Urgent action needed now

NSWNA Assistant General Secretary Judith Kiejda said the success of the Private Hospital Nurses’ Equal Rights Campaign relies on private hospital members getting active at their workplaces.

As part of the campaign, the NSWNA strongly urges all private hospital branches across NSW to organise a meeting and pass resolutions endorsing the actions of the NSWNA negotiating team in pursuing the claims that are important to members.

Many branches have already held meetings and passed such resolutions, indicating to private hospital employers their determination to achieve the campaign claims.

‘If your branch has yet to organise a meeting to endorse the campaign, it’s important you do so as soon as possible. It’s also important that all members attend their branch meetings. The more members we have who are prepared to get active and behind the campaign, the more powerful we will be in our negotiations,’ said Judith.

Private hospital members are also encouraged to wear the campaign badges and armbands at work.

‘Wearing a campaign badge shows employers that member are behind the campaign, and informs patients and the public that nurses are seeking fair pay and conditions for their valuable work,’ she said.

Westmead Private sends a strong message to employers

More than 30 members at Westmead Private Hospital – including two new members who signed up to join the Association – attended a branch meeting on 23 January to pass a resolution endorsing the Private Hospital Nurses’ Equal Rights Campaign.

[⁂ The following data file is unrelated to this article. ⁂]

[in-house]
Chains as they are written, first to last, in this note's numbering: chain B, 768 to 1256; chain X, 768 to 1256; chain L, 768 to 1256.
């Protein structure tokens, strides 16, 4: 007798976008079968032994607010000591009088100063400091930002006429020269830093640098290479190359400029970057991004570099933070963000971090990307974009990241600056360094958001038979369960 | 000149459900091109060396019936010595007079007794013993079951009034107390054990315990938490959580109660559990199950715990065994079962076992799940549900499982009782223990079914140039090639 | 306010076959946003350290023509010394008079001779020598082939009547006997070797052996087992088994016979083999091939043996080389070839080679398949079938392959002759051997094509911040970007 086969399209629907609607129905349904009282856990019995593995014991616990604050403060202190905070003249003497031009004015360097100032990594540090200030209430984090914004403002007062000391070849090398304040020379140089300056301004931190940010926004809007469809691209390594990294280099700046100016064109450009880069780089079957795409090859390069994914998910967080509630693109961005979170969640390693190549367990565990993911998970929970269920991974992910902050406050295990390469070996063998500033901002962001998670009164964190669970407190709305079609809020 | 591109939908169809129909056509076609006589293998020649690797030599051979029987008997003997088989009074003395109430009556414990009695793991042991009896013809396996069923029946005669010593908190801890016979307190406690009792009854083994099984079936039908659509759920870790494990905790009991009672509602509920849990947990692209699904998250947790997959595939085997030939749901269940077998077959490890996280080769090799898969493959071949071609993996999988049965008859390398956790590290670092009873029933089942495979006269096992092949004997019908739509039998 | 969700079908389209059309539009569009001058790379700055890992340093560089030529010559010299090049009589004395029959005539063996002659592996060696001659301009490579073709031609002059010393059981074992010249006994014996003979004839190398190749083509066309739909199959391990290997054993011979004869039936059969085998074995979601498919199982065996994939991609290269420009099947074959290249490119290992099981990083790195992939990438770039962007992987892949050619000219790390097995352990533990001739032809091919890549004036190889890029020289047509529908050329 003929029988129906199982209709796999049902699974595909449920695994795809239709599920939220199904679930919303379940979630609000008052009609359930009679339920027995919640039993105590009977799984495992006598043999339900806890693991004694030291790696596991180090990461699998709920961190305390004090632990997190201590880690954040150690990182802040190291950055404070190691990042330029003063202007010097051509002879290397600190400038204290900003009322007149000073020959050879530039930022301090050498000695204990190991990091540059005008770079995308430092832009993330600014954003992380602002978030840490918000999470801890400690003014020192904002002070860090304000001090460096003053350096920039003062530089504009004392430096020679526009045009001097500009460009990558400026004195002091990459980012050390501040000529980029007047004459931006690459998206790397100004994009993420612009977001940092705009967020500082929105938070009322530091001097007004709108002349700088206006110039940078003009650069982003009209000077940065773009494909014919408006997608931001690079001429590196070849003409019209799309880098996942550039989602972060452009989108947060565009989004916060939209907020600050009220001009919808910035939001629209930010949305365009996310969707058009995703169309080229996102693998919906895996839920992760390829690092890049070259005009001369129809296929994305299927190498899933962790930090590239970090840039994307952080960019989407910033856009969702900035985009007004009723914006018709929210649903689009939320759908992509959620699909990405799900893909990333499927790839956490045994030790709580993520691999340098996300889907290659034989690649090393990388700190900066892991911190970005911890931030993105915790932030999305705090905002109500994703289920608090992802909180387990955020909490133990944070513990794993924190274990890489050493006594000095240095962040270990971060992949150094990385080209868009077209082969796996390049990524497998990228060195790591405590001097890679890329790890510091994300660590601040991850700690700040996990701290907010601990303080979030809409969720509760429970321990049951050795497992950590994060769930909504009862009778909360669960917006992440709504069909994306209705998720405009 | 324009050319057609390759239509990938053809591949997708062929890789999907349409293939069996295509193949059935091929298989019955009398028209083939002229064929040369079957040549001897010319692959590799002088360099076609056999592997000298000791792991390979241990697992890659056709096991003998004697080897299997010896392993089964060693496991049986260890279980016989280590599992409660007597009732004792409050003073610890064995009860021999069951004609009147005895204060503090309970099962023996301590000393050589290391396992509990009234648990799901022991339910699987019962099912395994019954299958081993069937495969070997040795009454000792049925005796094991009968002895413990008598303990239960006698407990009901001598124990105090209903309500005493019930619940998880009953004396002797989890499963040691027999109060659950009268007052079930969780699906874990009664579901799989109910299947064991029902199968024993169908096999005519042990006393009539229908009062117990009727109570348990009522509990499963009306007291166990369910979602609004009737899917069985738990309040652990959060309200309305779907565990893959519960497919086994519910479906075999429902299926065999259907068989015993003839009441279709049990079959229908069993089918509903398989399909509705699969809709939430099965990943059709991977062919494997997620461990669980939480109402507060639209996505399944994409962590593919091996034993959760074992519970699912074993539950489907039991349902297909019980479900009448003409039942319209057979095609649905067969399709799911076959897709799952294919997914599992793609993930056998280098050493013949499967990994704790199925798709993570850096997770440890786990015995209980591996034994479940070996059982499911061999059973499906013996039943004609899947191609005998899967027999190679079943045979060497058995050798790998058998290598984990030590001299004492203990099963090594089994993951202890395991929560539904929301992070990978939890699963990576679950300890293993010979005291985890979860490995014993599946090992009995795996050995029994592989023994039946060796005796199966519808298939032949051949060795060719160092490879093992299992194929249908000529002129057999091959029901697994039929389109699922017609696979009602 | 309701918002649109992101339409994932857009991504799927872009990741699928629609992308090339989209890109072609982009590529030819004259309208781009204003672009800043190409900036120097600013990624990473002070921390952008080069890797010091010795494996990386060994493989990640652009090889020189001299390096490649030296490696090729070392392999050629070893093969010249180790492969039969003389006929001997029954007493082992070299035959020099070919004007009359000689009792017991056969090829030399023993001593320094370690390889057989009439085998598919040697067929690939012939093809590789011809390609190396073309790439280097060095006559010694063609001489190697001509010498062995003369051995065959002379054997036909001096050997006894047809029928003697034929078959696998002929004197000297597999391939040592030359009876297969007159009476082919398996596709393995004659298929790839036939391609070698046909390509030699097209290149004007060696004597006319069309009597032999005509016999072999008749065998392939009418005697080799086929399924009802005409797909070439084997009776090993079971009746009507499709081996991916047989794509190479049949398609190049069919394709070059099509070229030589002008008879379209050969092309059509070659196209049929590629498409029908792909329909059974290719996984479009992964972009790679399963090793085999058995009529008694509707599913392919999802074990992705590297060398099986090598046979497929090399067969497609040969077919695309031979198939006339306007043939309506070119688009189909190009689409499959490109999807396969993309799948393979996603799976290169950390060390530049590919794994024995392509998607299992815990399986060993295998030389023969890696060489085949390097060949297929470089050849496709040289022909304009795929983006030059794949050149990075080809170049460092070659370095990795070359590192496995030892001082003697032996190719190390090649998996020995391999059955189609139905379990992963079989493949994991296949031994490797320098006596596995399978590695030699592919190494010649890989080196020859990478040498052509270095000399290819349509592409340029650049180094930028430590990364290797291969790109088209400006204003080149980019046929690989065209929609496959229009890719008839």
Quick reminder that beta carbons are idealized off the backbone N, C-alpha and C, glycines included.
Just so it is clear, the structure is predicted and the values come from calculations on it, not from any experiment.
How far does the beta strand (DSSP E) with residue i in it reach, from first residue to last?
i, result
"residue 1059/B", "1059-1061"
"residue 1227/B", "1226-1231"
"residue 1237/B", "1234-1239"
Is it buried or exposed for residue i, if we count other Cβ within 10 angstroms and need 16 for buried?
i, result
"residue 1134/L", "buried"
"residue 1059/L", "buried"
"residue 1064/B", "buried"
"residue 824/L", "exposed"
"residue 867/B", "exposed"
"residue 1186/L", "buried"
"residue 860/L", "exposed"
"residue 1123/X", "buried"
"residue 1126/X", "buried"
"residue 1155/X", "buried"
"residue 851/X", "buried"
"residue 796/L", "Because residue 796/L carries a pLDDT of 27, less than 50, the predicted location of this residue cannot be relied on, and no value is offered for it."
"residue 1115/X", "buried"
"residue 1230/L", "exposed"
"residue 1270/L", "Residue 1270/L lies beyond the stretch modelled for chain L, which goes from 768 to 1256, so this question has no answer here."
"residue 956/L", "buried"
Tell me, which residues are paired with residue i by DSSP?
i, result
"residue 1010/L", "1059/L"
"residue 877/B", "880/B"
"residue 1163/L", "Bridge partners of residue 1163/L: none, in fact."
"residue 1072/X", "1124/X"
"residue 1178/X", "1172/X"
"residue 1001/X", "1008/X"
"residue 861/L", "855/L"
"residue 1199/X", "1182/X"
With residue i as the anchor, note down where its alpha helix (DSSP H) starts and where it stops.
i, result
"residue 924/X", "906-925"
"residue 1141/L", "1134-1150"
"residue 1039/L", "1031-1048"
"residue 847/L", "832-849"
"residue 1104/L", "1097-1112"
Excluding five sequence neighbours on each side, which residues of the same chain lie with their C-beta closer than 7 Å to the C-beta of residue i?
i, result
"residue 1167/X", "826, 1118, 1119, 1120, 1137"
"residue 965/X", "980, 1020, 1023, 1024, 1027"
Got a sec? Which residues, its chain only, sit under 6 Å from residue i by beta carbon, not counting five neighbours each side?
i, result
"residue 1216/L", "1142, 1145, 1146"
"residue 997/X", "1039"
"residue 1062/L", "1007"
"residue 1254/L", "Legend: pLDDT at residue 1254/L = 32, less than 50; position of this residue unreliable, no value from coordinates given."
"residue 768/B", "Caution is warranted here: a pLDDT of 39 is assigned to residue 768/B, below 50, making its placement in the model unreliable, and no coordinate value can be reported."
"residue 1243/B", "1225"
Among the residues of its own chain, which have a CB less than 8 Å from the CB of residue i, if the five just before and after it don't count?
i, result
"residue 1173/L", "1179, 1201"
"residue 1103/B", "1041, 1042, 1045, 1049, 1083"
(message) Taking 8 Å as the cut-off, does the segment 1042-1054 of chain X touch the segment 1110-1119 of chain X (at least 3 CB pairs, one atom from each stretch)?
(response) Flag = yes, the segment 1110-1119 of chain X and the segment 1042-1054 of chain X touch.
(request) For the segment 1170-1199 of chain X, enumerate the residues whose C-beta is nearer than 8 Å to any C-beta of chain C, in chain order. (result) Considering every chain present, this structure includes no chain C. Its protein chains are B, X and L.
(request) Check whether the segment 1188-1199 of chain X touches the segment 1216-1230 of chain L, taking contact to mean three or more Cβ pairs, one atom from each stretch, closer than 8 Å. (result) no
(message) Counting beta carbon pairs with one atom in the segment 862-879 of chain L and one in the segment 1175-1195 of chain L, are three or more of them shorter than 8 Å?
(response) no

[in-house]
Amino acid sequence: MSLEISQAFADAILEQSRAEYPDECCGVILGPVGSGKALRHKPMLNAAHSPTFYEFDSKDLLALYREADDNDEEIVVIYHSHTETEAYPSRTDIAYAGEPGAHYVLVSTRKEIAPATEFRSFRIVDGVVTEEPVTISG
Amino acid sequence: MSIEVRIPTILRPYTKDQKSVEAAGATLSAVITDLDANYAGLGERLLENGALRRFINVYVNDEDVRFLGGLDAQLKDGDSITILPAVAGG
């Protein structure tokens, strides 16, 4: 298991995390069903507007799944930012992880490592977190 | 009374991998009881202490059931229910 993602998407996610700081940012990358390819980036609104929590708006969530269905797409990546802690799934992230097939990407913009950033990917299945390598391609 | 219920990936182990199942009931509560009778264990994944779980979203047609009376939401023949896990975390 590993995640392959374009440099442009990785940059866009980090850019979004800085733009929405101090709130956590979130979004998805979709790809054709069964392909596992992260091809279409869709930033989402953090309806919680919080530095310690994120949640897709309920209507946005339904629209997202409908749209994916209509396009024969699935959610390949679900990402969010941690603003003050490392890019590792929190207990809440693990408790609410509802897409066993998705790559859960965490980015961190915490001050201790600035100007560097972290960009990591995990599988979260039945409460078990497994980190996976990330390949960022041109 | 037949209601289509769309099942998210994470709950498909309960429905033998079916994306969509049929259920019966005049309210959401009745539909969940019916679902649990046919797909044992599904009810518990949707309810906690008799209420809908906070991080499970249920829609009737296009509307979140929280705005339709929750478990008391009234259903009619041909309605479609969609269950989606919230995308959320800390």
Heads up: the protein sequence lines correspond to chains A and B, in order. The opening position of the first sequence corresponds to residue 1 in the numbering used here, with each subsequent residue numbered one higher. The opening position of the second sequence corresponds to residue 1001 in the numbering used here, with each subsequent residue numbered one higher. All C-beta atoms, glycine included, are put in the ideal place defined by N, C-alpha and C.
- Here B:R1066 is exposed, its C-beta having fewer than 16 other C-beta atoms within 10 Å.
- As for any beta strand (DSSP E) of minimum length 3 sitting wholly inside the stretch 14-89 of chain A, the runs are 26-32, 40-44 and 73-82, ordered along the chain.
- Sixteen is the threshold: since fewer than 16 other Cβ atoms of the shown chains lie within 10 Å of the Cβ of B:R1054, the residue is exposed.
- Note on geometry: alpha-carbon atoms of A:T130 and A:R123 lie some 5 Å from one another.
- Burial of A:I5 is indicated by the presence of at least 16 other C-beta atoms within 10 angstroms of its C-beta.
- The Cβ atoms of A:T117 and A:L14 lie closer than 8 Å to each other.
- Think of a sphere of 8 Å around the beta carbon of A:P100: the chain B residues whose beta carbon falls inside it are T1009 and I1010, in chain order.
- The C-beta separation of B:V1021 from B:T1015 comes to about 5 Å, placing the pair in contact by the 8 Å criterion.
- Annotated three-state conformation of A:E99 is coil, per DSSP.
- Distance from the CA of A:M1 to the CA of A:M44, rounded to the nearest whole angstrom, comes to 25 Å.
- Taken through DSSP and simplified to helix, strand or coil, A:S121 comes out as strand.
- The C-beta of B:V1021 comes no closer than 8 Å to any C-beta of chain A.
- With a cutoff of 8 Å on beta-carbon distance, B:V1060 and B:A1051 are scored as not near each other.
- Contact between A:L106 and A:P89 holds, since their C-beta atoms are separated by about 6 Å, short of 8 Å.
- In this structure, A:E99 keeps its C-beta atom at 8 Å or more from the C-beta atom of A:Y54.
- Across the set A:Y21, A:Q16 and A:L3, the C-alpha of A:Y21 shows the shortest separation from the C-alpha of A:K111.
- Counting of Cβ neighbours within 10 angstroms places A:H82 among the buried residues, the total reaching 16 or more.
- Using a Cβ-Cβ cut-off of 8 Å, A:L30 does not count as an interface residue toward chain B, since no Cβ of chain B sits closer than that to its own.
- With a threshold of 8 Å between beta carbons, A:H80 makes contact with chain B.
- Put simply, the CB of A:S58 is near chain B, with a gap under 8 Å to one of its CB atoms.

Chrissy Eleponga, RN, joined the NSWNA team in gathering members for the meeting. ‘It was an exciting meeting. Members are really behind the campaign and gave their unaminous support to the NSWNA team,’ she said.

‘My main concern is wage disparity between private and public hospital nurses. I think we should be equal with the Public Hospitals because we do the same work.’

Chrissy is actively taking part in the Private Hospital Nurses’ Equal Rights Campaign by encouraging non members to join the union. ‘I talk to them about how we are fighting for our wages and the future income of nurses – this encourages young men and women to become nurses. It’s important that we all belong to the union so that we all get the same wages and conditions,’ she said.

‘Members received the campaign badges and Rights At Work armbands at the meeting and we’re proudly wearing them to show our support for the campaign.’

A Reasonable Workload is a top priority in the Private Hospital Nurses’ Equal Rights Campaign

6 steps to address excessive nurse workloads in private hospitals

A reasonable workload is your right

Private hospital nurses have a right to a reasonable workload. OHS legislation provides for safe systems of work and can be used to support workloads issues. If you are experiencing workload problems in your workplace, the following steps should be used.

  1. Nurses identify there is an ongoing workloads problem at their facility.
  2. Nurses raise the problem with their manager.
  3. If the manager does not address the issue, nurses inform their NSWNA branch executive. If you do not have a branch contact the NSWNA*. The branch needs to start collecting evidence to measure nurse workloads on each shift. This should include staffing levels, skills mix, the number of agency and casual staff, patient acuity and the duties required. A good way to do this is with a workloads diary that is handed over shift to shift.
  4. After a reasonable period (often 3 months), the branch presents the documented evidence to management and the workplace OHS committee, and asks that the issue be addressed. Note agreed action in writing.
  5. If the matter is not resolved, the NSWNA conducts a workplace inspection to examine safe work practices or other actions, depending on the specific case.
  6. If the problem is still not adequately addressed, the NSWNA may advise the facility that further action could be considered.

Authorised by NSWNA General Secretary Brett Holmes
* At any point in the process, members can seek assistance or advice from the NSWNA. Phone: 1300 367 962 or 02 8595 1234.